The Atari 2700 (also known the Atari Remote Control VCS) is a prototype video game console that was developed by Atari, Inc. to be a wirelessly controlled version of Atari's popular Atari 2600 system. Intended for release in 1981, the 2700 was one of several planned follow-ups to the 2600, but the system was never put into full production. While It is unclear how many of these systems exist, former Atari employee Dan Kramer has stated that at least 12 consoles were made, plus extra controllers.
The 2700 was fully compatible with the Atari 2600 system and intended to use that system's games and accessories. The 2700's new features over the 2600 included wireless controllers featuring a combination of a joystick and paddle, touch sensitive switches, and a streamlined wedge–shaped case.
Internally, the product was also called the "RC Stella", where "RC" referred to Radio Control and "Stella" was the internal Atari codename for the 2600.
The 2700 wireless controllers operate via radio signals. They feature an on/off switch and are powered by a replaceable 9-volt battery. Communication with the console is achieved via a flexible antenna. Each controller is designated as either a left (player 1) or right (player 2) and cannot be swapped.
Each 2700 controller features a single fire button and a short stick which combines the features of a standard 8 position joystick and a 270 degree paddle controller. Game Select and Reset buttons appear on both the controllers and the console, the latter presumably for instances where standard wired controllers would be used instead of the wireless units.
The console features two standard Atari 9-pin controller posts on its right side, allowing for use of other 2600 compatible controllers such as Atari-made and third-party joysticks, as well as Atari's own Driving Controller, Paddles, Kid's Controller, Keypad Controller, and Trak-Ball. The top surface features a 2600 style cartridge slot and touch-sensitive buttons with associated red LEDs, including buttons for functions directly related to the wireless controllers, such as selecting between the wireless controllers and any plugged in, and for switching the function of the wireless controllers between joystick and paddle mode.
The case represented a significant departure from previous Atari consumer product designs, dispensing with aesthetics of earlier Atari consoles. Faux wood grain inlays and mechanical throw switches were replaced by a sleek, dark brown wedge with indented. touch sensitive switches. The casing featured a hinge-topped storage bay for the wireless controllers and a built-in belly groove for winding excess cable to connect to a TV.
Although they were the primary innovation of the 2700, it was the wireless controllers that actually caused the console to be cancelled prior to release. Specifically, the wireless controllers had a working radius of approximately 1000 ft, but there was no mechanism for pairing a given set of controllers with a specific console, which meant controllers for any one 2700 could unintentionally affect other nearby 2700s. Furthermore, the controllers were based on the design of garage door openers, which led to concerns that they could accidentally trigger other remote controlled devices.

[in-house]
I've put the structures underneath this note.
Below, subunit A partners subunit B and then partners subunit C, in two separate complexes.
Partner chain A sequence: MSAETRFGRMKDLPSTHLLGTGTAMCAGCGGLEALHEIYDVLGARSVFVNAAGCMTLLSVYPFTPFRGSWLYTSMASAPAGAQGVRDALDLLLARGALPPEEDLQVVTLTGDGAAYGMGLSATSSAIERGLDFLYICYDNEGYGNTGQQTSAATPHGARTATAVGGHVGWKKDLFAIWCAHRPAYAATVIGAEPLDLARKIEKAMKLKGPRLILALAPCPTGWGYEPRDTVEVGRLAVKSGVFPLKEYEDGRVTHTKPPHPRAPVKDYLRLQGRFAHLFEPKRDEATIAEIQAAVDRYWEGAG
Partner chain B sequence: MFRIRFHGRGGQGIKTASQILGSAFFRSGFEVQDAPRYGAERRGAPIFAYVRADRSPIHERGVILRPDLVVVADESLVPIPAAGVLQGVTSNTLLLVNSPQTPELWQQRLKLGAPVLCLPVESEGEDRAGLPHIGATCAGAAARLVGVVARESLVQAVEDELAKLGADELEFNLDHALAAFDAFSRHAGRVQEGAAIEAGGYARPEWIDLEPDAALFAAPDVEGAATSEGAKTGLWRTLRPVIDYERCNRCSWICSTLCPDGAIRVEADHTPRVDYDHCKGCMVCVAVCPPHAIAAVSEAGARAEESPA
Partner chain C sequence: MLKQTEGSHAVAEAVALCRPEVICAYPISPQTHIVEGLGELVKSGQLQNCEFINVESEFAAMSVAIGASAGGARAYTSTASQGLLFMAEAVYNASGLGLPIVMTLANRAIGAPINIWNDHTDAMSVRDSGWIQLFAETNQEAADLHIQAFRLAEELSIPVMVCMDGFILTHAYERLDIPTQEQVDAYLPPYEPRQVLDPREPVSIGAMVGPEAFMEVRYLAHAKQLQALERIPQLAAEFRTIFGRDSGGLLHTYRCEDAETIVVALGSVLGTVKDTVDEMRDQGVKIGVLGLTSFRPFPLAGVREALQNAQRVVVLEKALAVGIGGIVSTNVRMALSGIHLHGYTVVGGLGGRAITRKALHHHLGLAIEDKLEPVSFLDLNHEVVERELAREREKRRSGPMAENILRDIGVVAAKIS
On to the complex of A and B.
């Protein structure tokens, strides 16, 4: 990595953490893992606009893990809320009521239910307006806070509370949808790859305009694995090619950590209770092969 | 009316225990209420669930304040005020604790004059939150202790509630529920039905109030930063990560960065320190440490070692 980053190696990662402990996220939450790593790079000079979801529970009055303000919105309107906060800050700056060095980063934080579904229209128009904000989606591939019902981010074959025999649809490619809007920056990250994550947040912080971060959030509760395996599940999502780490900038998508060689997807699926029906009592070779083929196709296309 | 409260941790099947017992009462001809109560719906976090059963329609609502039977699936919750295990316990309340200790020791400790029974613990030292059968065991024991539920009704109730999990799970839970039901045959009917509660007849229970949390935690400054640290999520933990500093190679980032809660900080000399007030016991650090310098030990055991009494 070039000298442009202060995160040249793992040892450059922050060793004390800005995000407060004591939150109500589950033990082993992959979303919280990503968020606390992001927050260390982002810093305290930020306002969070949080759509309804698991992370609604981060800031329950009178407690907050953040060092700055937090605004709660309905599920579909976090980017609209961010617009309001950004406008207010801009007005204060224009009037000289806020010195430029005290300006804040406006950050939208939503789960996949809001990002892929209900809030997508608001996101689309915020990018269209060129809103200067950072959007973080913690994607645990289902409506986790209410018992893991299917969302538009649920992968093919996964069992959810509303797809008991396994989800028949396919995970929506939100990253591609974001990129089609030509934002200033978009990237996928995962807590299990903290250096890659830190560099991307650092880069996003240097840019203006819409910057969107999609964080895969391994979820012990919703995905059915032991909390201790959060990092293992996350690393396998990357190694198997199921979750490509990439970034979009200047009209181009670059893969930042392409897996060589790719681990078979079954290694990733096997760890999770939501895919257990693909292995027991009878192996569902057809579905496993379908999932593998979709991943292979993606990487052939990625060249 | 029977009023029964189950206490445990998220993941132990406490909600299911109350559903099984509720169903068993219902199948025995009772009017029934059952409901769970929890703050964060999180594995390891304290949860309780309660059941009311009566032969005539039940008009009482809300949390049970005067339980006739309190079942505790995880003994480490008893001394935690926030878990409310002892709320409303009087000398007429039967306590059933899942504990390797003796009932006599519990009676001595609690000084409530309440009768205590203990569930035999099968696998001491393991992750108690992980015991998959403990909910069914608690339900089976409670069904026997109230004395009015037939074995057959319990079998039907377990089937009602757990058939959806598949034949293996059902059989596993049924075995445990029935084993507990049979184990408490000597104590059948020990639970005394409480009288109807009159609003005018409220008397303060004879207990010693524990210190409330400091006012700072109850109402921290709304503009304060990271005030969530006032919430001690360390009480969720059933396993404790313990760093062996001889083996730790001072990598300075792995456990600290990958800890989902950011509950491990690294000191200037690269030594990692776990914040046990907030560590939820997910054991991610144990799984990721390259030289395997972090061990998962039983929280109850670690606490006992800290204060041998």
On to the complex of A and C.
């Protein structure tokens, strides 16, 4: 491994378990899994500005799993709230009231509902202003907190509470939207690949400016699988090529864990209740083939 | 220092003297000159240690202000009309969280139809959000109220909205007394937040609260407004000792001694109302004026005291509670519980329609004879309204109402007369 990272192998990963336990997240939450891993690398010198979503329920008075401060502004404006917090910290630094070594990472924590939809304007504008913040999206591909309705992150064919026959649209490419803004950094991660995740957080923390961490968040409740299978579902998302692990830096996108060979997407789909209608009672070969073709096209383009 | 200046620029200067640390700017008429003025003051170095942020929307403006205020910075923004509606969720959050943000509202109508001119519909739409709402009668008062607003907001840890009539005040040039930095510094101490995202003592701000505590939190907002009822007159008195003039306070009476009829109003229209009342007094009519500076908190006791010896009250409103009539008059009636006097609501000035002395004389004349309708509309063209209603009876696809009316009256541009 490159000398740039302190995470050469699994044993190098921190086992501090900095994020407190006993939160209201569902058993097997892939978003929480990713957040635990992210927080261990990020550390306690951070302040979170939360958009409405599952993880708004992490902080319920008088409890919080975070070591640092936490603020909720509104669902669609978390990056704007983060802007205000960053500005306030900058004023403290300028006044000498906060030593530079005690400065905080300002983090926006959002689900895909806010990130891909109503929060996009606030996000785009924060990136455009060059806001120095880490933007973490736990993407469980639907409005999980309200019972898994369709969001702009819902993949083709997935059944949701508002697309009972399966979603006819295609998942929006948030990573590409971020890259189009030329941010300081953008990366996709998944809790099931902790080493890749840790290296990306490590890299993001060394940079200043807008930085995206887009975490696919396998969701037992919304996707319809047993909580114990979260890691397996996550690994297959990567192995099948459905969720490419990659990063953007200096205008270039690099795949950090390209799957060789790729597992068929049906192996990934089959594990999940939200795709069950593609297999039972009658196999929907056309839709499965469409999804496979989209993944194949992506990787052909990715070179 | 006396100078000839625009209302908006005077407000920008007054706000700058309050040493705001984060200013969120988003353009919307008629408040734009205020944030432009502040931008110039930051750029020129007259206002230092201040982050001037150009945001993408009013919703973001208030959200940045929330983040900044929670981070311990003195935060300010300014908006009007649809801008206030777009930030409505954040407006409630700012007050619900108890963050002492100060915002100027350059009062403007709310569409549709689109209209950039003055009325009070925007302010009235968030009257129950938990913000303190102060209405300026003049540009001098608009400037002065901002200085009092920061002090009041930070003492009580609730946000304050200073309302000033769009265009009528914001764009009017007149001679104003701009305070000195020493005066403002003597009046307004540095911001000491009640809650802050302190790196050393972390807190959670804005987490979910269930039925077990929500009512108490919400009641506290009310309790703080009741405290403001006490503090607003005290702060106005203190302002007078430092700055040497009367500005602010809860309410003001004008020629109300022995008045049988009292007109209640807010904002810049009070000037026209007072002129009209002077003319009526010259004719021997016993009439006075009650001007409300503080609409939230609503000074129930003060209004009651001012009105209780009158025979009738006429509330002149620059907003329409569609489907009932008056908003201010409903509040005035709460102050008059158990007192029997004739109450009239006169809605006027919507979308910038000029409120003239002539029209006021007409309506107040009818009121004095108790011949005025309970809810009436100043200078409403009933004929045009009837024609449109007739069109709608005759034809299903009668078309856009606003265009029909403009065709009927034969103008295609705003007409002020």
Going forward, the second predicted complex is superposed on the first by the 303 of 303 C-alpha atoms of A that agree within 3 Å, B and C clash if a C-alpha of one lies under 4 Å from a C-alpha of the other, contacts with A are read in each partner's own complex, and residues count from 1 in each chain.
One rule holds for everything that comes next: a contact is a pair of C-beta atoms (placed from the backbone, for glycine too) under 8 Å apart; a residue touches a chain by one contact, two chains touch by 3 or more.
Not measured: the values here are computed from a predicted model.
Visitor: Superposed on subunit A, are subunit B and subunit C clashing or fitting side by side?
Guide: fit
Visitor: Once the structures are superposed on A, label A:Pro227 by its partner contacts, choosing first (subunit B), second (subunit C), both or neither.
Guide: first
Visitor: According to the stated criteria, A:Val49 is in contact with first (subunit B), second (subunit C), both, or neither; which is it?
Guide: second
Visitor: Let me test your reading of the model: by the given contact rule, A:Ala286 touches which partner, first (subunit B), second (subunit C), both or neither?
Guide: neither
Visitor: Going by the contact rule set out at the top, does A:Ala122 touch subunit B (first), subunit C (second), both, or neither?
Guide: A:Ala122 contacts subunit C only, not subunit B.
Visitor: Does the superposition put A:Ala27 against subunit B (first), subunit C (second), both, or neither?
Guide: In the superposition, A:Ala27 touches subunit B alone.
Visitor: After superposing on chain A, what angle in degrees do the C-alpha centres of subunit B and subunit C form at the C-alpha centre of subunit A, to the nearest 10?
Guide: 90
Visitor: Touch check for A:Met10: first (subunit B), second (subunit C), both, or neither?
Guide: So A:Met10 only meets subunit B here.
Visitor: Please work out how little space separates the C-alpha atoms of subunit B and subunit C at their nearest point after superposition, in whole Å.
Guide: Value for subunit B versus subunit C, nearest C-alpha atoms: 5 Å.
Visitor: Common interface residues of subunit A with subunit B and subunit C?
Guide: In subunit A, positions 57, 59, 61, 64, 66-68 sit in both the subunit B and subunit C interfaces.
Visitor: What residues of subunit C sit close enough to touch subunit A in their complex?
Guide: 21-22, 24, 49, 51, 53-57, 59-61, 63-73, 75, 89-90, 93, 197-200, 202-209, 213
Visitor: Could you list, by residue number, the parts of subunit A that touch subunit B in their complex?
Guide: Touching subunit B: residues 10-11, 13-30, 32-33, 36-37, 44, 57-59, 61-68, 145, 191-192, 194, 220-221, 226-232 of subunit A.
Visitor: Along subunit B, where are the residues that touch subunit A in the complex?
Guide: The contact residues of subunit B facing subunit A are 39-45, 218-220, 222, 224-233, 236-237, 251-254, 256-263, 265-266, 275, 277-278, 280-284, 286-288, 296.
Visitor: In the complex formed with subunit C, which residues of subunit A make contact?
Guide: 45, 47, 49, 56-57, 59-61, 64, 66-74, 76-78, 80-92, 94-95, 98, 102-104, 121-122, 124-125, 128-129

Although abandoned, the 2700 case design became the model for a number of later Atari game systems, notably the very similar looking Atari 2800 for Japan and the similar Atari-made Sears-branded Video Arcade II, both of which featured (wired) controllers which combined the functions of joystick and paddle. The case design also influenced a whole range of subsequent Atari home consoles, including the Atari 5200 (which featured a 2700-like controller bay), as well as the Atari 2600 Jr., and Atari 7800.
The idea of wireless controllers for the 2600 and joystick compatible systems was in 1983 fulfilled by the Atari 2600 Wireless Remote Controlled Joystick, a plug-in accessory (Model No., CX 42). However, to house additional electronics to correct the interference problem, the controllers were bulky. Additionally, they were difficult to control and suffered from poor battery life. The 2012-released Atari Flashback 4 also featured wireless controllers based on infrared technology.
- CPU: MOS Technology 6507 @ 1.19 MHz
- Audio+video processor: TIA. 160 x ~192 pixel, 128 colors (121 of them actually different from each other on NTSC, 114 on PAL), 2 channel mono sound.
- RAM: 128 bytes (plus up to 256 bytes built into the game cartridges)
- ROM (game cartridges): 4 KB maximum capacity (32 KB+ with paging)
- Output: B/W or color TV picture and sound signal